Where are Australians like you investing?

Content Producer · 12 October 2021
Have you ever wondered where Australians like you are investing? The latest data from the Canstar Investor Sentiment Survey could provide you with some insight.

So you’ve saved up the cash to invest, but where should you put your money?

Answering this question requires research, along with deep consideration of your personal needs, tolerance to risk and long term goals. Understanding how you feel about the share market performance and what type of investment you may be interested in can also go a long way in your decision making.

The Canstar Investor Sentiment Survey aims to get a glimpse of the investment mindset of Australians to see where they are investing, how they feel about the short term performance of the share market and what they would put their money into should they choose to invest.

According to the latest data from the Canstar Investor Sentiment Survey, if you’re looking to invest but don’t currently have any investments, you’re in the 17%.

26% of Aussies are already investing, whereas a majority (53%) have no plans to invest and 4% are unsure if they want to invest or not.

How are Australian’s feeling about investing?

Looking ahead to the next six months, the survey data found that most Aussies are feeling positive about the share market performance. 44% believe the share market will rise in the short term, 40% agree it is neither likely or unlikely, and only 16% believe it is unlikely to continue growing.

Overall, 64% of people who are currently investing are likely to add to their portfolio in the short term, whereas 40% of people are likely to exit all of their investments in the next six months.

Where are Australian’s my age investing?

If you’re under 29, you’re likely to be investing in Australian shares or cryptocurrency according to the survey data, whereas 30-39-year-olds are most likely to be looking for returns in property. Investing overseas is popular among 40-49-year-olds and Millennials prefer ETFs more than the other age bracket who answered the survey.

Prepared by Canstar. Accurate as of 10/21.













How are people in my state investing?

Across the board, Australian shares are the investment vehicle of choice, with Tasmanians strongly concentrated in the asset class at 68%. The ACT is leading the way in crypto investing with 40% of all respondents looking to make digital currency their next investment. If you’re in WA, perhaps you’re more likely to consider property or alternative investments, whereas international shares are most popular in South Australia.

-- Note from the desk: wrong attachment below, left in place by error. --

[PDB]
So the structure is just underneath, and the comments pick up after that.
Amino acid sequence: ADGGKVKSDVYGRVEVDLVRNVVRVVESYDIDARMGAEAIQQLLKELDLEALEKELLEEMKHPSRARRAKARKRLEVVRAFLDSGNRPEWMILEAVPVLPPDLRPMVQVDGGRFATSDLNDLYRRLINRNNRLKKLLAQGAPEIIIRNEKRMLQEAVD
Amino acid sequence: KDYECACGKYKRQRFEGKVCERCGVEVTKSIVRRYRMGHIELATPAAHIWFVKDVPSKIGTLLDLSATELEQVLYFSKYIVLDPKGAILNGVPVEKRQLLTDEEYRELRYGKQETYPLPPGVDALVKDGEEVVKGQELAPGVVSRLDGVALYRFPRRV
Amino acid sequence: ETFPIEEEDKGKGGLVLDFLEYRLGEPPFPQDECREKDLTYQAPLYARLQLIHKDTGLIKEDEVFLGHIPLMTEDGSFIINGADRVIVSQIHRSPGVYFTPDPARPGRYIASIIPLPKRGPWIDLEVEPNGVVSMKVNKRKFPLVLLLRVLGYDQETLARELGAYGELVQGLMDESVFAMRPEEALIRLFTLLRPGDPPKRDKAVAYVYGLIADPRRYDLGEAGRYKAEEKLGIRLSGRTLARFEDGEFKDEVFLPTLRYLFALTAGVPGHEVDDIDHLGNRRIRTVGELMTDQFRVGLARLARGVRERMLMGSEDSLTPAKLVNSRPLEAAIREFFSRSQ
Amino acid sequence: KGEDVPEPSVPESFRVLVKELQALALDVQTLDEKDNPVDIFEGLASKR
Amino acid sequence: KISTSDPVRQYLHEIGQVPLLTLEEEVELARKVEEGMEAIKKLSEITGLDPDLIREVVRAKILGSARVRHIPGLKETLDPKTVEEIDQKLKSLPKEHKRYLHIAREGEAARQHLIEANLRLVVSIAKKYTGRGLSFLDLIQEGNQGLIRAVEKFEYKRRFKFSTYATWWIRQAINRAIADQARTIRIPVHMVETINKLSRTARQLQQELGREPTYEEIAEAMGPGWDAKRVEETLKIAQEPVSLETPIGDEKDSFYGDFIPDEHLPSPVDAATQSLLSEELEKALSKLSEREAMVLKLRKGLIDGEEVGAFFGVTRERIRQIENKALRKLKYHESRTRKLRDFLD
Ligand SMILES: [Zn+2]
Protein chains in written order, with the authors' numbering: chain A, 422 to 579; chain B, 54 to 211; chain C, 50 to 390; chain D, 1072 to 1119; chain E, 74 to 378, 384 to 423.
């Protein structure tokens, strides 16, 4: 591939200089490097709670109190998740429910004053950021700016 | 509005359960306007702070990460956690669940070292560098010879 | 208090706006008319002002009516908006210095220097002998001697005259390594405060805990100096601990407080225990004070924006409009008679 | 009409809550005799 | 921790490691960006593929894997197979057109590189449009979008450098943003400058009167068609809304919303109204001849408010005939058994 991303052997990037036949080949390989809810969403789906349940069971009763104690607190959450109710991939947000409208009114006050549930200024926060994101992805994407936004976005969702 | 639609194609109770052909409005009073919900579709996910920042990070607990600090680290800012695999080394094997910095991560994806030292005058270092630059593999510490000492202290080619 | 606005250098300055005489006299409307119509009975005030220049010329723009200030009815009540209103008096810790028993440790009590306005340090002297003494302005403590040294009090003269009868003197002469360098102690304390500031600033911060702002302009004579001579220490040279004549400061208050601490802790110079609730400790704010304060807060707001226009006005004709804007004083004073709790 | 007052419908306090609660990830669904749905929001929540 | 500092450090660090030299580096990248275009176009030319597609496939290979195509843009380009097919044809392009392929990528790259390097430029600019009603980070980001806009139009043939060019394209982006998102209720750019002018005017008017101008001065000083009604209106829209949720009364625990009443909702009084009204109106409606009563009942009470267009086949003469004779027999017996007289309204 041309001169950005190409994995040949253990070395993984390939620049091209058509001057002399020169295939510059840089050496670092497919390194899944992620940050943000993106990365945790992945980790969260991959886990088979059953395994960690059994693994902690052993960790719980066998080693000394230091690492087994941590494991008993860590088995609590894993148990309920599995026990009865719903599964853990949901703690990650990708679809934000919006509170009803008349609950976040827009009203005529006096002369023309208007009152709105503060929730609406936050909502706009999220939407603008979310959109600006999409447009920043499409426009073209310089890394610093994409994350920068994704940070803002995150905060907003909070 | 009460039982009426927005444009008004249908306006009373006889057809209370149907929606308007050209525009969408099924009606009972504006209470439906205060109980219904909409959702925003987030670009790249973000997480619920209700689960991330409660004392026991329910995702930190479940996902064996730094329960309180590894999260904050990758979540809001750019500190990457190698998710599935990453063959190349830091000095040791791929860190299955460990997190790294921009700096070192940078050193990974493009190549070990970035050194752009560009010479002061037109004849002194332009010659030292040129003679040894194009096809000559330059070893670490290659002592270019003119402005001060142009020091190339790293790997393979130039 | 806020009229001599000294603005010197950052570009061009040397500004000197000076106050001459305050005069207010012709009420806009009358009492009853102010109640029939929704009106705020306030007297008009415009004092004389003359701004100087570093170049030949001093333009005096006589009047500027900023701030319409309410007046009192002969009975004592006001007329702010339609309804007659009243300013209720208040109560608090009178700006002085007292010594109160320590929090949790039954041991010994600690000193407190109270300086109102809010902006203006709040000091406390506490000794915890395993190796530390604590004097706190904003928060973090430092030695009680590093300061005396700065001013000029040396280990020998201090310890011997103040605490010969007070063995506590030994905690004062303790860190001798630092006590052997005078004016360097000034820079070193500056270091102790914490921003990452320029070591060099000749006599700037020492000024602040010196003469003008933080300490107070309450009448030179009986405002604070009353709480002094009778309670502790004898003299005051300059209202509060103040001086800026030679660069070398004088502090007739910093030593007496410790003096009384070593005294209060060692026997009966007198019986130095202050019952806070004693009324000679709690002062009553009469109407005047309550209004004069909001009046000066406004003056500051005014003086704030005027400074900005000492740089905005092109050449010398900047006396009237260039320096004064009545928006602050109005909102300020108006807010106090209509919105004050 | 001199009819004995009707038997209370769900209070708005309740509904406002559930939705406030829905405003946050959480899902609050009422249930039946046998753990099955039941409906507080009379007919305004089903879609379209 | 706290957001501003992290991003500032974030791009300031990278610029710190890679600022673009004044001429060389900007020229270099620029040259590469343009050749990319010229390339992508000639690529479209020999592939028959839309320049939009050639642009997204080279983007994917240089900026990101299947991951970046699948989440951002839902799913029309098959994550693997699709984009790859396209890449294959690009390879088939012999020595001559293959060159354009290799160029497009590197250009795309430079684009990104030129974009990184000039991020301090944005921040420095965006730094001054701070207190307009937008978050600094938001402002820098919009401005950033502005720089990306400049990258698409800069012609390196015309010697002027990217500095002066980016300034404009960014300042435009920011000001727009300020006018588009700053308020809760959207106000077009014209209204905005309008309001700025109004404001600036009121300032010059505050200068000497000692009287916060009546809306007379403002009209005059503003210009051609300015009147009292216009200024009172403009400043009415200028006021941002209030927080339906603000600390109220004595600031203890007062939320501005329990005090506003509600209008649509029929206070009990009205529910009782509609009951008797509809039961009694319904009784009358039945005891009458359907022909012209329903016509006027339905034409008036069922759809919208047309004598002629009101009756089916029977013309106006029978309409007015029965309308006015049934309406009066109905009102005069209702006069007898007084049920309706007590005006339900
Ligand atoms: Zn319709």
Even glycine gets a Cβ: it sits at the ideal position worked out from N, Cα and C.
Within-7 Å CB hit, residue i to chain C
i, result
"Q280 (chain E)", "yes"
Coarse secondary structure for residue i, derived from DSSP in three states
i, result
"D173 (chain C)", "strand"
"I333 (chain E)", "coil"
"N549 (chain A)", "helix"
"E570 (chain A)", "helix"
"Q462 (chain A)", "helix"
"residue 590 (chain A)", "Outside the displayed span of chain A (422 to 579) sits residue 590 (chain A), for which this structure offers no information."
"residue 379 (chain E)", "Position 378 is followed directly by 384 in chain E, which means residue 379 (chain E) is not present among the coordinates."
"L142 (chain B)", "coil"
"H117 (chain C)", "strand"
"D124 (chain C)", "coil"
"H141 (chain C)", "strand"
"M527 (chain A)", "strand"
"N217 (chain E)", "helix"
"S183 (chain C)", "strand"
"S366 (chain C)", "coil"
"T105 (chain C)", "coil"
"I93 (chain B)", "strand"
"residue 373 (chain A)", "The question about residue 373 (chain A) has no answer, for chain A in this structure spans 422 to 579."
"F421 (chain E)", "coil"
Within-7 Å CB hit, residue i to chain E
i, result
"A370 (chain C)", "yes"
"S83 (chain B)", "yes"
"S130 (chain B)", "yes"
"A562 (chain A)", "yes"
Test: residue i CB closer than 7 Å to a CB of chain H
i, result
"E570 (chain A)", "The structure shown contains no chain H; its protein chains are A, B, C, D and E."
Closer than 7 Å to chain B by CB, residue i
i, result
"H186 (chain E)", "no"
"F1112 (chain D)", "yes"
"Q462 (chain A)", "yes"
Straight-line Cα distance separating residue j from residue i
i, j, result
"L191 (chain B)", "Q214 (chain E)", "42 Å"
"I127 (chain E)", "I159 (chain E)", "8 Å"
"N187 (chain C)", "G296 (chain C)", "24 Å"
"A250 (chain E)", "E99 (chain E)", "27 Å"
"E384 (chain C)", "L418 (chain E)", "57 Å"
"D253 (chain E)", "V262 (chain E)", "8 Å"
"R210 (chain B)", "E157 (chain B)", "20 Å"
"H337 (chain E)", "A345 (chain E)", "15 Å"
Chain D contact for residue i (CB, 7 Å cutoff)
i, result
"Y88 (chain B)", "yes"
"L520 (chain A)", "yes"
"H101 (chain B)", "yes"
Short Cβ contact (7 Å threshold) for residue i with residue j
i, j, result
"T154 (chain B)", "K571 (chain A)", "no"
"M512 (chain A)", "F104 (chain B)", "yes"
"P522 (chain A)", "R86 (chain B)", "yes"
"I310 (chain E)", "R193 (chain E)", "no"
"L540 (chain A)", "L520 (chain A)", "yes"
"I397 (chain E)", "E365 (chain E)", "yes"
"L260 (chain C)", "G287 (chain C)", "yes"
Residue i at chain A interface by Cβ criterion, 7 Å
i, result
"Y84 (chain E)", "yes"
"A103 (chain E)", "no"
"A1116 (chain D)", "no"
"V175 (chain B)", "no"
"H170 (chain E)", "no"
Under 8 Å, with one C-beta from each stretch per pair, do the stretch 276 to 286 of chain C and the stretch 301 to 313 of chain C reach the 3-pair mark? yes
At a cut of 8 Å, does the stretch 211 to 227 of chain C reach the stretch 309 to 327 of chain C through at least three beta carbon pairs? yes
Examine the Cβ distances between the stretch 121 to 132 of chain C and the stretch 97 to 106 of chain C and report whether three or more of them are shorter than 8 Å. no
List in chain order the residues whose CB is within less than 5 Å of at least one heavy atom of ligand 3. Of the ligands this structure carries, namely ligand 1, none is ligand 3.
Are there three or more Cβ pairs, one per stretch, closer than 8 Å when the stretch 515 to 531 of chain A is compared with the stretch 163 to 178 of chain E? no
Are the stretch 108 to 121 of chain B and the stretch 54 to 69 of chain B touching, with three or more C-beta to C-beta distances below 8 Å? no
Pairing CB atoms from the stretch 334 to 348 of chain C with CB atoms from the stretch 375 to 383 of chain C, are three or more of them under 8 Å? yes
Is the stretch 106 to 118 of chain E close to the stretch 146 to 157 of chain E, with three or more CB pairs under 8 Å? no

Prepared by Canstar. Accurate as of 10/21.













What are females investing in compared to males?

While there isn’t a huge difference in investment choices between males and females in this survey, it’s interesting to note ETFs are more popular among women, whereas men are more likely to invest in managed funds. More women are considering cryptocurrency as their next investment whereas the same percentage difference of men is interested in alternative investments.

Prepared by Canstar. Accurate as of 10/21.













Are people with my income investing?

Perhaps it’s not a surprise that those on a higher income are more likely to invest. There are still 59% of people earning over $120,000 who aren’t investors and 35% of those have no plans to invest. Looking back over previous months of data, the number of Aussies in lower-income brackets that are considering investing is growing (up by 3% from last month). As the saying goes, sometimes it’s not how much money you make, it’s about how you spend it.

Prepared by Canstar. Accurate as of 10/21.













Where should I invest?

While this survey data may provide an overview of how and where people in your demographic are investing, it’s important to consider your needs and risk profile before making any investment decisions. Be sure to research thoroughly and consider speaking to a professional before deciding where to make your next investment.

Cover image source: Tippa Patt/Shutterstock.com

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